W1siziisijiwmtqvmdyvmjkvmtuvmtkvmjkvmjqxl2htyw5zx2j1zxjzdguyx3nxdwfyzs5qcgcixsxbinailcj0ahvtyiisijmwmhgzmdajil1d?sha=e70f445e784e7667
In reply to: doyou.even.computer/uaz785
Absolutely - I guess you could theoretically hook up a whole series of non-IndieWeb services here.

Don’t think anyone wants more email at this point. Maybe it could integrate with something like https://pushover.net?

Absolutely - I guess you could theoretically hook up a whole series of non-IndieWeb services here. The overall idea is to make it as easy as possible for newcomers (and I’m talking about actual people, not their servers) to receive webmentions, no matter what platform they’re using for their site (which could even be entirely static.)

Addendum to my Webmention ramblings from earlier: What would be the minimum interface a hosted Webmention service would need to implement to get new people on board?

Addendum to my Webmention ramblings from earlier:

What would be the minimum interface a hosted Webmention service would need to implement to get new people on board? Aaron’s webmention.io already does a great job of enabling you to add Webmentions to your actual site, but I imagine that this already is too much for a lot of people who’re just using Wordpress or Tumblr and don’t really want to (or simply can’t) bother with the technical details.

Couldn’t a Webmention service like webmention.io simply ask for the authenticated user’s email address and then send them email notifications whenever a webmention is received? Even if these pings wouldn’t appear on the user’s site, it would at least make IndieWeb replies visible to them, which is a great start. Thoughts?

A couple of recent questions and discussions on Twitter reminded me that #Webmention, while being a very simple protocol, isn’t anywhere near the level of acceptance and prevalence that it deserves.

A couple of recent questions and discussions on Twitter reminded me that #Webmention, while being a very simple protocol, isn’t anywhere near the level of acceptance and prevalence that it deserves.

Here’s the thing: because this site supports Webmention, you can leave comments on any of my posts by using a Webmention-Ping-capable piece of software. It doesn’t matter what you use, as long as it speaks Webmention, you can use it to reply to my posts, and your reply will not only be hosted on your own site (which is good for you, because you own it), but also be linked to (and in many cases displayed verbatim) under my post (which is also good for you, because your comment becomes visible.)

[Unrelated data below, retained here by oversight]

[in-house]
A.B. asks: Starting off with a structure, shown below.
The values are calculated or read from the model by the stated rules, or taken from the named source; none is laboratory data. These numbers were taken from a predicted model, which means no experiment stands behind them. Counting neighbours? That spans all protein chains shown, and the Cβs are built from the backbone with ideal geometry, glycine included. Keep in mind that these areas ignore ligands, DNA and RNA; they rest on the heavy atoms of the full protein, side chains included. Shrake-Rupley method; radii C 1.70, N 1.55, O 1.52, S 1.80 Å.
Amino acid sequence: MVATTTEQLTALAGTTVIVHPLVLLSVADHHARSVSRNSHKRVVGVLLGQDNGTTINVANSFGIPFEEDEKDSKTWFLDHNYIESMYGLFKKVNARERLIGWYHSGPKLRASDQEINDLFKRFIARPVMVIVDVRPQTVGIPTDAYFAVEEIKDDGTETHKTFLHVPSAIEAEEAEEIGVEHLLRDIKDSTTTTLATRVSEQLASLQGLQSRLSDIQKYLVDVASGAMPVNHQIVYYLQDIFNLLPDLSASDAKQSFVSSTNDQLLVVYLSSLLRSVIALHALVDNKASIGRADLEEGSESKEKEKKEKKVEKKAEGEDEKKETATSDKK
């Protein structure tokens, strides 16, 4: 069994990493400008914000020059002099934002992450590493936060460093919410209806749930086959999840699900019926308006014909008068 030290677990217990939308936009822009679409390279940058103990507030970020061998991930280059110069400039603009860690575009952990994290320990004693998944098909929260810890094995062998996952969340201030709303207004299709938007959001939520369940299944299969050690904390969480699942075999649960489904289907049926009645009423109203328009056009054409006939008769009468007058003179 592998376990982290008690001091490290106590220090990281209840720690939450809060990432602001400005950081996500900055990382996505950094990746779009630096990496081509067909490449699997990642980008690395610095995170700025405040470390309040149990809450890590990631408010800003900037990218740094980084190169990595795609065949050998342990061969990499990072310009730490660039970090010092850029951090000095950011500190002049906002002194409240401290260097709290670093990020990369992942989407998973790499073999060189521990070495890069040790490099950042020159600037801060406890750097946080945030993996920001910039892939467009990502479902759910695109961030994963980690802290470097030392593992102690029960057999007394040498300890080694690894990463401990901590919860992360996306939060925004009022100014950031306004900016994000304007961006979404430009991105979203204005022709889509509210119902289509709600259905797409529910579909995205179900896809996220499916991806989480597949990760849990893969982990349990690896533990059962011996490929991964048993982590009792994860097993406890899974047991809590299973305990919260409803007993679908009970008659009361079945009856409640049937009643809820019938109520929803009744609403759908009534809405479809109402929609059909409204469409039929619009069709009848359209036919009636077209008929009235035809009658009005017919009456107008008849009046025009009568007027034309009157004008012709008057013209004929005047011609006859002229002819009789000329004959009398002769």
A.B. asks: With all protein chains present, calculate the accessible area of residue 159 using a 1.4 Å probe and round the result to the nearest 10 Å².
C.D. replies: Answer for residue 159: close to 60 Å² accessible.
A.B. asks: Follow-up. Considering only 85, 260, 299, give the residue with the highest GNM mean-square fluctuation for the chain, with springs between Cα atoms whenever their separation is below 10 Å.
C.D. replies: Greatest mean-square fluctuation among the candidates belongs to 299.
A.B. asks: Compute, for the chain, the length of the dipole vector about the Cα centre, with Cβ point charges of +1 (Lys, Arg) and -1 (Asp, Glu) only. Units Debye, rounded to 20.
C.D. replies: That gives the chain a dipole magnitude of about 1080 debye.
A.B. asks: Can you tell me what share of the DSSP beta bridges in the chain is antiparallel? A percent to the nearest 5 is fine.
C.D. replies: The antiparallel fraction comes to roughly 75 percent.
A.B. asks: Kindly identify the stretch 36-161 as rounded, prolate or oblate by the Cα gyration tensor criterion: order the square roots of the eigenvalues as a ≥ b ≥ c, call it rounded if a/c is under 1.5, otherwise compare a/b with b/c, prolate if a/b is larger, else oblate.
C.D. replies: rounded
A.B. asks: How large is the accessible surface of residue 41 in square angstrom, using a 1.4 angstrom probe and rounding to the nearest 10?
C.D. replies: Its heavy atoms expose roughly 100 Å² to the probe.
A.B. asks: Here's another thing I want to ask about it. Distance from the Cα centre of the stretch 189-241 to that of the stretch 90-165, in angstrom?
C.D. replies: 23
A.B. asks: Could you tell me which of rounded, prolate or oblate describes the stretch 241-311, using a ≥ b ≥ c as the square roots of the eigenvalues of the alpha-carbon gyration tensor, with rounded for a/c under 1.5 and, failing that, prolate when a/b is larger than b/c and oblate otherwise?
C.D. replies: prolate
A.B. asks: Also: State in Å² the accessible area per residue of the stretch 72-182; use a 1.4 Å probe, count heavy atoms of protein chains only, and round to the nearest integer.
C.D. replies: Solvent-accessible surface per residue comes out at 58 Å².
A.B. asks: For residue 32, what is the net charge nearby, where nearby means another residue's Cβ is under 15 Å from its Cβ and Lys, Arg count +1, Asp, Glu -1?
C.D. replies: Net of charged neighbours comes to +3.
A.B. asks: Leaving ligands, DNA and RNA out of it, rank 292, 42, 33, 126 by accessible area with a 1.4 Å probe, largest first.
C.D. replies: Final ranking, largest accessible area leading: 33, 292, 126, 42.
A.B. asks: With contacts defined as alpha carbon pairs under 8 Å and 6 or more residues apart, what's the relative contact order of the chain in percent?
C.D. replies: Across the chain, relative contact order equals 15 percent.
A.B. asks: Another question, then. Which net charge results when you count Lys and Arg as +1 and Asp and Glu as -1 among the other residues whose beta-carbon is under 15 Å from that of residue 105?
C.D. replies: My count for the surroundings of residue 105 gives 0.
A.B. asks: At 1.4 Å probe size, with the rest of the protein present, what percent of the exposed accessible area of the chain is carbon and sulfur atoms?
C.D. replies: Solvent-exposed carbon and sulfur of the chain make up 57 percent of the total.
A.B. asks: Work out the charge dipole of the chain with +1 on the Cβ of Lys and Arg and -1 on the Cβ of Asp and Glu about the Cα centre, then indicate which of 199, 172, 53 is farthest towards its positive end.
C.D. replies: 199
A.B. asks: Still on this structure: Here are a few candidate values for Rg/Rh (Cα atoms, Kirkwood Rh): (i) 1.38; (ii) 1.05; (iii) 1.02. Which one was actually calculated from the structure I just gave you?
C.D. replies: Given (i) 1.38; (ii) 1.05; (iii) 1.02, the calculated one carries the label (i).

Yet, this is only useful for very few of you, since there’s precious little software that actually speaks Webmention. I’d wager that unless you’re already deep into IndieWeb, you will probably have never used Webmention-compatible software, and you’d also have a hard time finding something to use. For normal people, Webmention is simply too hard to use, which is a catastrophic irony, considering the protocol’s simplicity.

The Number 1 question I get about Pants is: “Why is there no comment form?” I fully understand why this is, but I will continue to push Webmention instead of giving in and hosting other people’s comments like it’s 2003.1

Pants is my contribution to make Webmention and related technologies more prevalent, but there’s a whole lot more we need to do. Ideally, someone would take a popular blogging platform like Wordpress and make it fully IndieWeb compatible. When it comes to adding Webmention support to pre-IndieWeb applications, you’ll probably want to take into account the following three cornerstones: